dimensions: AppDimensions = AppTheme.dimensions,
    content: @Composable () -> Unit
    ) {
    ...
    }

    To pass the actual values from your styling attributes, you should wrap content lambda with a CompositionLocalProvider. It will tell LocalColors, LocalDimensions and LocalTypography to provide the styling attributes you pass to the theme function to the inner composables.

    @Composable
    fun AppTheme(
    colors: AppColors = AppTheme.colors,
    typography: AppTypography = AppTheme.typography,
    dimensions: AppDimensions = AppTheme.dimensions,
    content: @Composable () -> Unit
    ) {
    // creating a new object for colors to not mutate the initial colors set when updating the values
    val rememberedColors = remember { colors.copy() }.apply { updateColorsFrom(colors) }
    CompositionLocalProvider(
    LocalColors provides rememberedColors,
    LocalDimensions provides dimensions,
    LocalTypography provides typography
    ) {
    content()
    }
    }

    And that’s it. Now when we created a custom theme in Jetpack Compose, let’s make a screen with it and style the UI inside.

    Styling UI elements

    In this section, I’ll focus singly on the UI part, but you can have a look at the entire project in the GitHub repo.

    For a demo, we will create a very basic app that will show us a list of photographs, their descriptions and authors.
    First, create a screen and wrap it into the AppTheme:

        setContent {
    AppTheme {
    DemoScreen(items = photographItems)
    }
    }

    DemoScreen is basically a Composable that holds all UI elements(other composables) of the screen. We will make a simple scrollable list(LazyColumn) with a toolbar.

    @Composable
    fun DemoScreen(items: List<PhotographItem>) {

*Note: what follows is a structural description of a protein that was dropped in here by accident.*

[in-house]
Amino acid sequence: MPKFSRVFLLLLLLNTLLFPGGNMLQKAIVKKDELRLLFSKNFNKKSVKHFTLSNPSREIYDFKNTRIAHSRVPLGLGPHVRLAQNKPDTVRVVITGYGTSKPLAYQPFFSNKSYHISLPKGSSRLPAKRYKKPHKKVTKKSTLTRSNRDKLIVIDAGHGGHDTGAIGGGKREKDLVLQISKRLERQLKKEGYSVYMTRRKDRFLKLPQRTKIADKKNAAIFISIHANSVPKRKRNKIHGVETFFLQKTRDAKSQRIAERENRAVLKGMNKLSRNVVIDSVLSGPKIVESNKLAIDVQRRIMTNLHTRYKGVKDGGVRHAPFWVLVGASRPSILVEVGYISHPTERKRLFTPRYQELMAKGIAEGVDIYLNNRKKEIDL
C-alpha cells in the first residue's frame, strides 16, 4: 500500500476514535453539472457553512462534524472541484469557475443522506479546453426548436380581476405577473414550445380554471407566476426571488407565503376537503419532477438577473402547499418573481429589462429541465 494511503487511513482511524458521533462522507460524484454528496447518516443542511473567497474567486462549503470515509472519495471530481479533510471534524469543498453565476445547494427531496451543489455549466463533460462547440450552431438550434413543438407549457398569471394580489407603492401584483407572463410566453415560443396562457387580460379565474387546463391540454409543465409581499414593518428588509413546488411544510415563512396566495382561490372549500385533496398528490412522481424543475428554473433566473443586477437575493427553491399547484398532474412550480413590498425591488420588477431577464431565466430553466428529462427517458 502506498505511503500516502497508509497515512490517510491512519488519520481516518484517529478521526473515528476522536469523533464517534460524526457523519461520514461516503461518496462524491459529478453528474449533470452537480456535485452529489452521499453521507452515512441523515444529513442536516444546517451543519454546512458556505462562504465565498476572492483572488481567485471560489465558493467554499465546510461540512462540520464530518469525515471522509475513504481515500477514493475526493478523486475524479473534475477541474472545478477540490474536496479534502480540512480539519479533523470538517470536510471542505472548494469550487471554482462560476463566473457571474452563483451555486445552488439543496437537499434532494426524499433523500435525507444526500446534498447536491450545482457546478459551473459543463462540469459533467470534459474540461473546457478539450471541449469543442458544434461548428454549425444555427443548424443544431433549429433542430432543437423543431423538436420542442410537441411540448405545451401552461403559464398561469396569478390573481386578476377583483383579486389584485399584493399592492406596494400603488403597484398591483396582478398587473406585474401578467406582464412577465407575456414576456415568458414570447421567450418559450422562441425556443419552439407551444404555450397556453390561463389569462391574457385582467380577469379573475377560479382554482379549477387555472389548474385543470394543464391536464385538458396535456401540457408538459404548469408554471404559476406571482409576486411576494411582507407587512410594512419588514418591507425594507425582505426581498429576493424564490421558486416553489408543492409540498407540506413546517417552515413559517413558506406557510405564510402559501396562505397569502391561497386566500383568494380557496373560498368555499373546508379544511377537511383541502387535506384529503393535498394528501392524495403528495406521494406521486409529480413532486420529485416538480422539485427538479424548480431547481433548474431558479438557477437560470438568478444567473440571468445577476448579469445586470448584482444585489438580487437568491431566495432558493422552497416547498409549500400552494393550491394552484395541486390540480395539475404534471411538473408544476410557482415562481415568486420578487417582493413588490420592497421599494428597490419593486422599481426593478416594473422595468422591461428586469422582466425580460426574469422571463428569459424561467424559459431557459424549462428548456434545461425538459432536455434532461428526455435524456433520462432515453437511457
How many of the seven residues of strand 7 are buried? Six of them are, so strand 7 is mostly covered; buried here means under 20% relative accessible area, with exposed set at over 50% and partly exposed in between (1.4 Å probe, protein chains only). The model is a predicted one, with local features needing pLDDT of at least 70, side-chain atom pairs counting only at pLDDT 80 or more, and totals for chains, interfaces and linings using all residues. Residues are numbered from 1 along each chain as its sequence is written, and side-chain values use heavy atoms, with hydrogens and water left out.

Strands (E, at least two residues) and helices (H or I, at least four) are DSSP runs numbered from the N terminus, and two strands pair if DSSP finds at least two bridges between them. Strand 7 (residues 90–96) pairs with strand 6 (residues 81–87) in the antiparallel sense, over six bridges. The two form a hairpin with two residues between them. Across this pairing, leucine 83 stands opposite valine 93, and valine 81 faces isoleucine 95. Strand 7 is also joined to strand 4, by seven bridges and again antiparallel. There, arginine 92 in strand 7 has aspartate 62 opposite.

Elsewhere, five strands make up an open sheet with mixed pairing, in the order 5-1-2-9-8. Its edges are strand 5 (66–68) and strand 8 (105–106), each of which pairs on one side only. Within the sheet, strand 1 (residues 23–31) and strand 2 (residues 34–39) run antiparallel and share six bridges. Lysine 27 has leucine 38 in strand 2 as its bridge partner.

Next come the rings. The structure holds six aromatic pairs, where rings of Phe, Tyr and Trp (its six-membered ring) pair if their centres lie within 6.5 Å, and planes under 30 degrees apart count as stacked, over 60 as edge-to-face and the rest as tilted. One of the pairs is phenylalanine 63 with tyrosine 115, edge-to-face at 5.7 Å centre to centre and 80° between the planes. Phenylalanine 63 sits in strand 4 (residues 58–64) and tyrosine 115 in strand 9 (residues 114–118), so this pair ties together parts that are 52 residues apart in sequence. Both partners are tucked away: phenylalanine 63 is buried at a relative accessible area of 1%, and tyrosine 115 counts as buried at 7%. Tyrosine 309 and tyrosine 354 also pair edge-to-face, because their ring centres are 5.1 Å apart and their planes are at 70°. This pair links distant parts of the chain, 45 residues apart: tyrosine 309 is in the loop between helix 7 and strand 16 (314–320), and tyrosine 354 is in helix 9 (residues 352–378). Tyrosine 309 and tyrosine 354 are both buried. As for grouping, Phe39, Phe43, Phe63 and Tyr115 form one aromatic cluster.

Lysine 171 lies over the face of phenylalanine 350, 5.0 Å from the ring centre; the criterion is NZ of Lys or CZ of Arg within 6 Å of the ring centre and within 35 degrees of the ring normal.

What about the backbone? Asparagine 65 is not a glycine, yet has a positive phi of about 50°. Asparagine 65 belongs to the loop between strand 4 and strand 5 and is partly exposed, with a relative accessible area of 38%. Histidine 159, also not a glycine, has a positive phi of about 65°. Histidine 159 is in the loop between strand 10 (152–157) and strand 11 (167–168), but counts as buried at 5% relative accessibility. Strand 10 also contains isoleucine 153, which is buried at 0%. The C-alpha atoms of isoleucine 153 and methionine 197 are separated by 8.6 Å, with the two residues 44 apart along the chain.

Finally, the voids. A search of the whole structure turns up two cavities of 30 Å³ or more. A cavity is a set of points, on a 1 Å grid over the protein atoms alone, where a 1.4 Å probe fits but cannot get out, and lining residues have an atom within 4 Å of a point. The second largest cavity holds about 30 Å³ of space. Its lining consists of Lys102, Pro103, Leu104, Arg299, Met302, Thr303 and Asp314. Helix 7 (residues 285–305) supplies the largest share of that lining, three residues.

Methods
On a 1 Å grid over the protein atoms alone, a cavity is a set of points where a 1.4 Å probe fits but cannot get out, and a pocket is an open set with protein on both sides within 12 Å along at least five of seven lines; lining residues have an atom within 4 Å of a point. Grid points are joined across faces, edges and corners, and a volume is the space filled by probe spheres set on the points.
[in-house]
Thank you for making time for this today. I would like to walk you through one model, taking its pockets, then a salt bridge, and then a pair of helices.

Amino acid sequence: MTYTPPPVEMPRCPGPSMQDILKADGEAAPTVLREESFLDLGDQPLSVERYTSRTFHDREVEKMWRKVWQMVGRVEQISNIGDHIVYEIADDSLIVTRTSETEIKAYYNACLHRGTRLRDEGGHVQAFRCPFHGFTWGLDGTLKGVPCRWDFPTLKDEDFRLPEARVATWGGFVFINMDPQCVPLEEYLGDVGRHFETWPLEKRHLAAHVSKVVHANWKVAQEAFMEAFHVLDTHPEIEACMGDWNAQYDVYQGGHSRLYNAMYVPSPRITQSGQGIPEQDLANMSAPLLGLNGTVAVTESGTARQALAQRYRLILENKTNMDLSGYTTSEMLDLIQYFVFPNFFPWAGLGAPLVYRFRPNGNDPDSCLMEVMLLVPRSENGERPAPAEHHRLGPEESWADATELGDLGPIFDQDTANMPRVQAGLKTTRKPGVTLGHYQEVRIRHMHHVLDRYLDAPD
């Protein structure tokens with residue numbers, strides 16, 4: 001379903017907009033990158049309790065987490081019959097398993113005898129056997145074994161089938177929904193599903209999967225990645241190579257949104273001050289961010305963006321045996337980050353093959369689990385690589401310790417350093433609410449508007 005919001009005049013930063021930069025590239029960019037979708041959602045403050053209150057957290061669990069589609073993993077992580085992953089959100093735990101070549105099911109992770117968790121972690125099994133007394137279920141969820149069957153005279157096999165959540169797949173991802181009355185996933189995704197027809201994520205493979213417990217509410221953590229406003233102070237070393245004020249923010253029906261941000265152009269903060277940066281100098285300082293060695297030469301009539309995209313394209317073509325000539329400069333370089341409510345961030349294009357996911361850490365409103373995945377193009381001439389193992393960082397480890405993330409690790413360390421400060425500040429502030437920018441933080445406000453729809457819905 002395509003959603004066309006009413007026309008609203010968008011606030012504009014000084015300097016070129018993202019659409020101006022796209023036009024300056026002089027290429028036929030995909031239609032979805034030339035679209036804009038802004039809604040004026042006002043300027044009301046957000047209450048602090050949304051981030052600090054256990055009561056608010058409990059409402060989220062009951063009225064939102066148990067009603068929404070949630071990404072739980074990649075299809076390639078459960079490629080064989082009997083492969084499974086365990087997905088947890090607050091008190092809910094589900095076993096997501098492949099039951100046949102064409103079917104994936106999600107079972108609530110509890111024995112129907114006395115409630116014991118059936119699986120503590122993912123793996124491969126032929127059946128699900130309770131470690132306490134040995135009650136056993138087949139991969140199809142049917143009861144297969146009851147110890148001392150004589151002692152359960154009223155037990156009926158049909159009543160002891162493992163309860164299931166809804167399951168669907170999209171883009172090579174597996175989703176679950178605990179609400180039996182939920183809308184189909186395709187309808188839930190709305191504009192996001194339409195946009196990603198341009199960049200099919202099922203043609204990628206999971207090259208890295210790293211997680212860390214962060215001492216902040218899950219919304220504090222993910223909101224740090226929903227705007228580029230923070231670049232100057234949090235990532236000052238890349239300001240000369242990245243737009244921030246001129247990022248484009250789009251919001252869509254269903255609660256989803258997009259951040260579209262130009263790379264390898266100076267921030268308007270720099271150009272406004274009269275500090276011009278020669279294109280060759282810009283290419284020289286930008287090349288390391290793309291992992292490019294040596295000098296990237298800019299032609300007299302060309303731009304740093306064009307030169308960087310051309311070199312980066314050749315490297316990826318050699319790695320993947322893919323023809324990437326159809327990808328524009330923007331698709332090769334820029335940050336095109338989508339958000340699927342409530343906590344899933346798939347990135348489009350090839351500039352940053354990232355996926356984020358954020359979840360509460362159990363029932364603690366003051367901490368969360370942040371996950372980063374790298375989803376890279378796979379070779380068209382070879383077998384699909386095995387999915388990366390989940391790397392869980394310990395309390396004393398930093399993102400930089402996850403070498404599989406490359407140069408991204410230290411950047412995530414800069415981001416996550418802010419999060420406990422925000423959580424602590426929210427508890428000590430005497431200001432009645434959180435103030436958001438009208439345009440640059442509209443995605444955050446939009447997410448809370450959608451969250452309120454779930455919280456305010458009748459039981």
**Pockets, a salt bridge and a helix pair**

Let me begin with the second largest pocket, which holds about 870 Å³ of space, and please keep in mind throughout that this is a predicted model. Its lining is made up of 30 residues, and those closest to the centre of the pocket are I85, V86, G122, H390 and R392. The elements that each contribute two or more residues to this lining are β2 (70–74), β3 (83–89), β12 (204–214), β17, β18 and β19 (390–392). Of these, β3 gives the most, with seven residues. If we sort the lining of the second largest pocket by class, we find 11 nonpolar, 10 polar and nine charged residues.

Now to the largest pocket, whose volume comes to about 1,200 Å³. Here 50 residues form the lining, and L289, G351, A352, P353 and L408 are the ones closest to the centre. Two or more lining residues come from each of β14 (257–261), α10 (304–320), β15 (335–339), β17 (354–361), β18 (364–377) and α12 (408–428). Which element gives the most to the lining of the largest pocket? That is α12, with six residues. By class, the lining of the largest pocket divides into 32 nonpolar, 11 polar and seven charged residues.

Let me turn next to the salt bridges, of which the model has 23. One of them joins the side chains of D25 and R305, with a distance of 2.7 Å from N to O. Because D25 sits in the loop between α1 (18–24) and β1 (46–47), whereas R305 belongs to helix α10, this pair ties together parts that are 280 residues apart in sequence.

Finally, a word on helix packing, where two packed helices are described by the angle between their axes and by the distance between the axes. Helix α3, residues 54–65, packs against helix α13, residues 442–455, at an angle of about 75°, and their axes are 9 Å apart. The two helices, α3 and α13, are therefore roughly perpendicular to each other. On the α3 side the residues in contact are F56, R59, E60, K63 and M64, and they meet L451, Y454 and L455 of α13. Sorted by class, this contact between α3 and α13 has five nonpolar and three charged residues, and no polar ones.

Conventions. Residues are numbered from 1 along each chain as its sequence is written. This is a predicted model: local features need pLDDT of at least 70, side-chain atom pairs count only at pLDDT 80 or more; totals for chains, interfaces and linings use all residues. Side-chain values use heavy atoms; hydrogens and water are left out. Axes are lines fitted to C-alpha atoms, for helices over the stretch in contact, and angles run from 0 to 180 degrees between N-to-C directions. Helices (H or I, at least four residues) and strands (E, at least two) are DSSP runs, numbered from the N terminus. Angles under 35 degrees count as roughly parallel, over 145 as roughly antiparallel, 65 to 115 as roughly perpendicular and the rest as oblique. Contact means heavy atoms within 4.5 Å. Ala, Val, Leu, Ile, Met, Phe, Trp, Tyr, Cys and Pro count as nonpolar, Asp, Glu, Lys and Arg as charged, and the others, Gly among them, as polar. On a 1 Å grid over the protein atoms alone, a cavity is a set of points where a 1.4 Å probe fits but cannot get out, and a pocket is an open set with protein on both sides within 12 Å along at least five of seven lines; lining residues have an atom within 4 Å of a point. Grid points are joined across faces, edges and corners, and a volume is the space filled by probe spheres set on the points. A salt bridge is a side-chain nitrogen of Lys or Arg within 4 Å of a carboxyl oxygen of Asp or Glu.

LazyColumn(
    horizontalAlignment = Alignment.CenterHorizontally,
    modifier = Modifier
    .fillMaxSize()
    .background(AppTheme.colors.background)
    ) {
    item {
    TopAppBar(
    title = {
    Text(text = "The gallery")
    },
    backgroundColor = Color.Transparent,
    elevation = 2.dp
    )
    }
    items(items) { item ->
    GalleryItem(item)
    }
    }
    }

    Now let’s add some styling. First, set the background of the LazyColumn to the background color of our theme. Then style the toolbar title by assiging h1 scale type and primary color to its properties:

    LazyColumn(
    horizontalAlignment = Alignment.CenterHorizontally,
    modifier = Modifier
    .fillMaxSize()
    .background(AppTheme.colors.background)
    ) {
    item {
    TopAppBar(
    title = {
    Text(
    text = "The gallery",
    style = AppTheme.typography.h1,
    color = AppTheme.colors.primary
    )
    }
    ...
    }

    As you can see, styling attributes can be easily accessed with AppTheme object. It always holds the actual values as they are provided from a CompositionLocal.

    Now let’s have a look at the GalleryItem. We want our list items to look as simple as this:

    gallery item

    So the GalleryItem composable will have:

    • description text of the content
    • the photograph itself
    • a caption with the name of the author

    To achieve this, we create a Column and put Text, Image and Text composables inside for the description, photograph and caption accordingly. Then apply the typography and colors from AppTheme and you will get:

    @Composable
    fun GalleryItem(item: PhotographItem) {
    Column(
    modifier = Modifier.padding(AppTheme.dimensions.paddingMedium)
    ) {
    Text(
    text = item.description,
    style = AppTheme.typography.body,
    color = AppTheme.colors.textPrimary
    modifier = Modifier.padding(AppTheme.dimensions.paddingSmall)
    )
    Image(
    rememberImagePainter(item.photoUrl),
    contentDescription = null,
    modifier = Modifier.size(256.dp)
    )
    Text(
    text = item.author,
    style = AppTheme.typography.caption,
    color = AppTheme.colors.textSecondary,
    modifier = Modifier.padding(AppTheme.dimensions.paddingSmall)
    )
    }
    }

    Build the app to make sure that the screen is using the styling we applied:

    demo app

    Applying dark mode

    To apply the dark theme just pass darkColors() to your theme:

        AppTheme(colors = darkColors()) {
    DemoScreen(items = photographItems)
    }

    You can also check if the system theme is dark and then retrive a proper set of colors:

        val darkTheme: Boolean = isSystemInDarkTheme()
    val colors = if (darkTheme) darkColors() else lightColors()

    As the result, all composables inside your theme will have updated styling attributes:

    demo app in dark mode

    Further reads

    Full code in the GitHub repo
    Theming in Compose
    Material Theme source code
    Jetpack Compose theming codelab